A new way to unjam the country's logjammed courts, the Backlog Project, now called Priority-based Scheduling, has helped a bit - but ran into its own shortages, of staff, communications, targets and direction, even of police cells.
The experiment in relieving the mounting pressure on getting justice, cut the backlog by a thousand cases or 7 percent, to 13,000 nationwide.
But it increased the workloads and stress on some lawyers, police prosecutors and court staff, a Justice Ministry review newly released to RNZ said.
Nevertheless, it has been adopted permanently, amid desperate measures to cut the escalating numbers of people held in custody on remand.
The project used priority-based scheduling to put more resources into the busiest courts, from May till August, especially around Auckland.
Yet reviewers still do not know if the Backlog Project delivered enough bang for the buck.
"It is difficult to say ... as there were no key performance indicators or benchmarks for success provided pre-rollout," it said.
"There was no clear target for the number of cases to be cleared."
The review faulted the planning, resourcing and "lack of clear communication about the purpose, targets, and data of the pilot program".
It prioritised trials over sentencing, so the number of people on remand in custody kept rising throughout.
Consequently, "Corrections hasn't seen a positive impact", the review said.
On the upside, collaboration improved, and court staff and police said their outsourcing of file analyses and identifying gaps got better.
The Youth Court got shifted away from Manukau District Court, with "huge benefits" for rangatahi.
Waitākere District Court introduced double sessions for sentencing, and Manukau stood out by boosting its sentencing rate by over 50 percent.
The review set out to test if the new approach put too much load on the various agencies, or if it was sustainable long term - and found fundamental misgivings.
"All agency's [sic] expressed some uncertainty about their ability to adapt to priority-based scheduling in the long term due to staffing and resourcing challenges," it said.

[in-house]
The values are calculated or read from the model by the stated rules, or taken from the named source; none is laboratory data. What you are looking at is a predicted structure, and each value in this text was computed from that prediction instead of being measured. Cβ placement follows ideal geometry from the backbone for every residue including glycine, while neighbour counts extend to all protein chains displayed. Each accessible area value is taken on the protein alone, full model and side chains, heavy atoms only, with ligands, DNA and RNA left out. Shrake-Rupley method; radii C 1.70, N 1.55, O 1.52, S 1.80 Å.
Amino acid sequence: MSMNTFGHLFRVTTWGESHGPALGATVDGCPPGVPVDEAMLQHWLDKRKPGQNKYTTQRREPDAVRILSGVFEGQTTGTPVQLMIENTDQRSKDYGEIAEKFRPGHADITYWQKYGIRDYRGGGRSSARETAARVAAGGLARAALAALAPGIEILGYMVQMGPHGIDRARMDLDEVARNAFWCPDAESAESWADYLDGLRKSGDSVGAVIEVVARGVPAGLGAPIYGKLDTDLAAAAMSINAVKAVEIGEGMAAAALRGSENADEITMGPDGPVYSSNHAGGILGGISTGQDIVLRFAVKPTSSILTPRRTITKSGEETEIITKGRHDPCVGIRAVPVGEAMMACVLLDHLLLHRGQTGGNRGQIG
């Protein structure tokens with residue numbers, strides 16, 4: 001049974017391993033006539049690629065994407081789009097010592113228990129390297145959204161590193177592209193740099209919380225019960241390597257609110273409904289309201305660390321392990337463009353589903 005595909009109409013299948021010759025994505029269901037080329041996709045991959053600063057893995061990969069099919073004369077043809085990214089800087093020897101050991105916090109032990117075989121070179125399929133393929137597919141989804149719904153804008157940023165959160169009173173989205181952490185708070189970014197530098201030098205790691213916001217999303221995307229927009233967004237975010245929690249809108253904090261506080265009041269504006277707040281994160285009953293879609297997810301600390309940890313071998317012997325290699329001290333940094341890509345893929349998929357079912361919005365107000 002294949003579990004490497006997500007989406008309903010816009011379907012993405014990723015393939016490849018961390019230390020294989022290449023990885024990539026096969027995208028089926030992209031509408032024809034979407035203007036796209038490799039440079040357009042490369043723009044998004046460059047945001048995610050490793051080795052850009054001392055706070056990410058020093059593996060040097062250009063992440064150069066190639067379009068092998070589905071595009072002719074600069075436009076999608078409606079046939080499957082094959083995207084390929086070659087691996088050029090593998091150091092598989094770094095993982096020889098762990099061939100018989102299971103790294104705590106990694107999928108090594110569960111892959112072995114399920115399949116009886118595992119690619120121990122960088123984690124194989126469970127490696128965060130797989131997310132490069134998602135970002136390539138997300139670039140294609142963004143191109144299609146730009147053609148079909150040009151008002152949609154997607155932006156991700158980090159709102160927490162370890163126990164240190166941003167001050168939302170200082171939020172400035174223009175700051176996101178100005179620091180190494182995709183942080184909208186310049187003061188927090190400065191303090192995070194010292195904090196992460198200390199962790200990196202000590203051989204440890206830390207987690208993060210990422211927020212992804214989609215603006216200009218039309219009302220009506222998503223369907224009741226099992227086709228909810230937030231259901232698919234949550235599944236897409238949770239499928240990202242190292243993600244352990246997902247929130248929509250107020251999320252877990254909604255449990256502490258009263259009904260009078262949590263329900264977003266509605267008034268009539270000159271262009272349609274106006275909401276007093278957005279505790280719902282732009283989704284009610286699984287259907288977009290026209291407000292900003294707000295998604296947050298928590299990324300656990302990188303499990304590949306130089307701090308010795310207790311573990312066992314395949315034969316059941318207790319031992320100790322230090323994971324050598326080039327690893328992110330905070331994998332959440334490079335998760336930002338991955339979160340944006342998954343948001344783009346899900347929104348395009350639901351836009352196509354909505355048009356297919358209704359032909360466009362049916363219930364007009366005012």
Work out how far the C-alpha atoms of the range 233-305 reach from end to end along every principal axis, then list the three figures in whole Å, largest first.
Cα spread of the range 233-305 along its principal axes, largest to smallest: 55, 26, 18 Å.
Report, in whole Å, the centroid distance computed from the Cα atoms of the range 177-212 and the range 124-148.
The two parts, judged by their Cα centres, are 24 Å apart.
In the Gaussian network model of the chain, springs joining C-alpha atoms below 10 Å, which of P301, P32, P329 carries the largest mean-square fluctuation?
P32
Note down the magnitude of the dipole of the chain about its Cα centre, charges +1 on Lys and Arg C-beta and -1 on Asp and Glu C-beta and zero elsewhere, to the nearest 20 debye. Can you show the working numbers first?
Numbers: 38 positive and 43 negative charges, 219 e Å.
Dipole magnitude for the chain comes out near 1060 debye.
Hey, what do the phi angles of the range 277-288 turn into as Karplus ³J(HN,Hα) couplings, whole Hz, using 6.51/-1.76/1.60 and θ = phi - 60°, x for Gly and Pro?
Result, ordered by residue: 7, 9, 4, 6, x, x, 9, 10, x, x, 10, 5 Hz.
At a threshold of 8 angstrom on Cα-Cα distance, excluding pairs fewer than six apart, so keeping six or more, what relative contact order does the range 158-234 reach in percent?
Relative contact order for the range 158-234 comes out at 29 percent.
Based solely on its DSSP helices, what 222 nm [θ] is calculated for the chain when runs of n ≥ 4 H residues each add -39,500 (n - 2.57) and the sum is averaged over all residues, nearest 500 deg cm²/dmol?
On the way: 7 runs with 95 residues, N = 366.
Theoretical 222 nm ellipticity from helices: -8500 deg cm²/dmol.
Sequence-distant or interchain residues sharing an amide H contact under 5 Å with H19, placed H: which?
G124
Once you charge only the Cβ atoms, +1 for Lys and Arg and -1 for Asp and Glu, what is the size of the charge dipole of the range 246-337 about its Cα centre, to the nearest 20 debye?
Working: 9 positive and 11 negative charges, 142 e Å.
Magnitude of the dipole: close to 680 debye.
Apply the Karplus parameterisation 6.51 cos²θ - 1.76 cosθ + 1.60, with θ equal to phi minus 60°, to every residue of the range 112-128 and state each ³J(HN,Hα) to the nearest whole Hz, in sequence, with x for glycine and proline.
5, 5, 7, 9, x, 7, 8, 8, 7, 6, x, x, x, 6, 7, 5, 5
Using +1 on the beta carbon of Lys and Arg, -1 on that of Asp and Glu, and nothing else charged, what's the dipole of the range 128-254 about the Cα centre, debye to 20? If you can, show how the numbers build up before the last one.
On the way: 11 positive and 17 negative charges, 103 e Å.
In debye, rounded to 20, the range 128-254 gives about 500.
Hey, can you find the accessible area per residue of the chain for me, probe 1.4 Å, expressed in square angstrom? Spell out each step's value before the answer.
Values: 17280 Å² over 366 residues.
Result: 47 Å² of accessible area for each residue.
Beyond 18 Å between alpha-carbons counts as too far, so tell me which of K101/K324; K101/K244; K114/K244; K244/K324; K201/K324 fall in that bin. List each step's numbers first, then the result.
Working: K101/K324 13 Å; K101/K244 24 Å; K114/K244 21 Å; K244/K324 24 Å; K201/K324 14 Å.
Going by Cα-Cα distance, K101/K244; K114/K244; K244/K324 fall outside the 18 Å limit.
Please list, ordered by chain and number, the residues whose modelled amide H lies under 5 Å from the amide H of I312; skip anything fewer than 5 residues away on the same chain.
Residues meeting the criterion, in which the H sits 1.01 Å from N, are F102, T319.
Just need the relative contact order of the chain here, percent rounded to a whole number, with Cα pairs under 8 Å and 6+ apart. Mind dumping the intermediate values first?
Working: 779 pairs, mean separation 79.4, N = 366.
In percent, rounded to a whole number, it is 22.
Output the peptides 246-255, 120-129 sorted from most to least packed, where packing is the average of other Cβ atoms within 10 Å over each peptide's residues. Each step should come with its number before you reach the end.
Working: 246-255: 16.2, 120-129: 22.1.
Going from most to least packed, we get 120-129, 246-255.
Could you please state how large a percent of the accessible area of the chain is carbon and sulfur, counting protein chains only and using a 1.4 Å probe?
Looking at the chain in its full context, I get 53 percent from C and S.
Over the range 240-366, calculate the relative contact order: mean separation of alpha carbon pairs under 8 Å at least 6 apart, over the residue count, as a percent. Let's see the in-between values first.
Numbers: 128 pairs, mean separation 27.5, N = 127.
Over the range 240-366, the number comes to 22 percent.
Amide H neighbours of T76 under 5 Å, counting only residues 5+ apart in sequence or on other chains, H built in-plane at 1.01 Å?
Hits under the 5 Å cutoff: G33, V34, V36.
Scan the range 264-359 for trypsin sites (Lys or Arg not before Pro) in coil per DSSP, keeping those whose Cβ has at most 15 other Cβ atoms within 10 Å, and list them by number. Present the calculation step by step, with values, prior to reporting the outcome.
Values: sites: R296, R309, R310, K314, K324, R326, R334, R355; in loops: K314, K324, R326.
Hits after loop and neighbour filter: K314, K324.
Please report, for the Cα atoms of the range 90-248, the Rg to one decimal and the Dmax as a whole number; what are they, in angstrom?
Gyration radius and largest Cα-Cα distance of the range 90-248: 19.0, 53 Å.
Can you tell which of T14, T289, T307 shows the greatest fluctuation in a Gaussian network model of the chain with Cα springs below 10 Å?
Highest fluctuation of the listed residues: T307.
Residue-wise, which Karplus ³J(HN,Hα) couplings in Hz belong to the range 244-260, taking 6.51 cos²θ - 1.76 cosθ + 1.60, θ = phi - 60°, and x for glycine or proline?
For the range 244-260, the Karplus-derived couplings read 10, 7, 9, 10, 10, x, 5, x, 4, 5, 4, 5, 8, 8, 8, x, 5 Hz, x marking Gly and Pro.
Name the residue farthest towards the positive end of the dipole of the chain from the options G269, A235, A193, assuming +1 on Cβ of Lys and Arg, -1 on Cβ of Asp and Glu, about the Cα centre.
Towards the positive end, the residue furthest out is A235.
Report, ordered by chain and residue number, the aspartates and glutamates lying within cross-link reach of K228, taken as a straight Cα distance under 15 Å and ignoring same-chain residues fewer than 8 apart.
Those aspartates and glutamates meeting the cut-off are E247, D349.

Lawyers found it difficult to get around all the courts.
Prosecutors had to handle more appearances with less preparation time.
There was "a lack of police prosecutors, police cells, and probation staff", even though police pulled in help from frontline officers.
Despite that, priority-based scheduling has now been adopted for good.
Police in response had launched a $26 million plan to add more prosecutors.
Corrections said to adapt, it needed "adequate staffing and a clearer understanding" of the Justice Ministry's goals.
For the justice sector, the new approach remains key even though the Backlog Project did not succeed in cutting numbers on remand. These are up 600 for the year, to 3800, and are now the major driver of growth in the prison population.
The courts had been aiming to add more dates for sentencing people on remand or bail in late 2023, and saw the project as a way to prepare for that.
But it could have run better.
From the start "many respondents felt that they were not sufficiently prepared" or were left out of the loop, the review said. The storms early in the year had not helped.
Oranga Tamariki only found out about the Backlog Project from police, not the courts.
Corrections and Justice staff got their wires crossed too often. "It was realised that MOJ had not contacted the right people to gather necessary information."
Workloads went up, triggering "concerns about staff wellbeing and retention".
The curse of "redundant meetings" cropped up.
"Outsourcing of work [by police] also incurred significant expenses," the review said.
In Auckland, the caseload of Public Defence Service lawyers rose 9 percent, compared to just 1 percent elsewhere.
"Increased activity affected their ability to take on new work, which is a risk due to volume-based targets."
Duty lawyers faced problems finding replacements for their rosters, and to take on urgent assignments, and increased demand as more case review hearings took place at Auckland Court.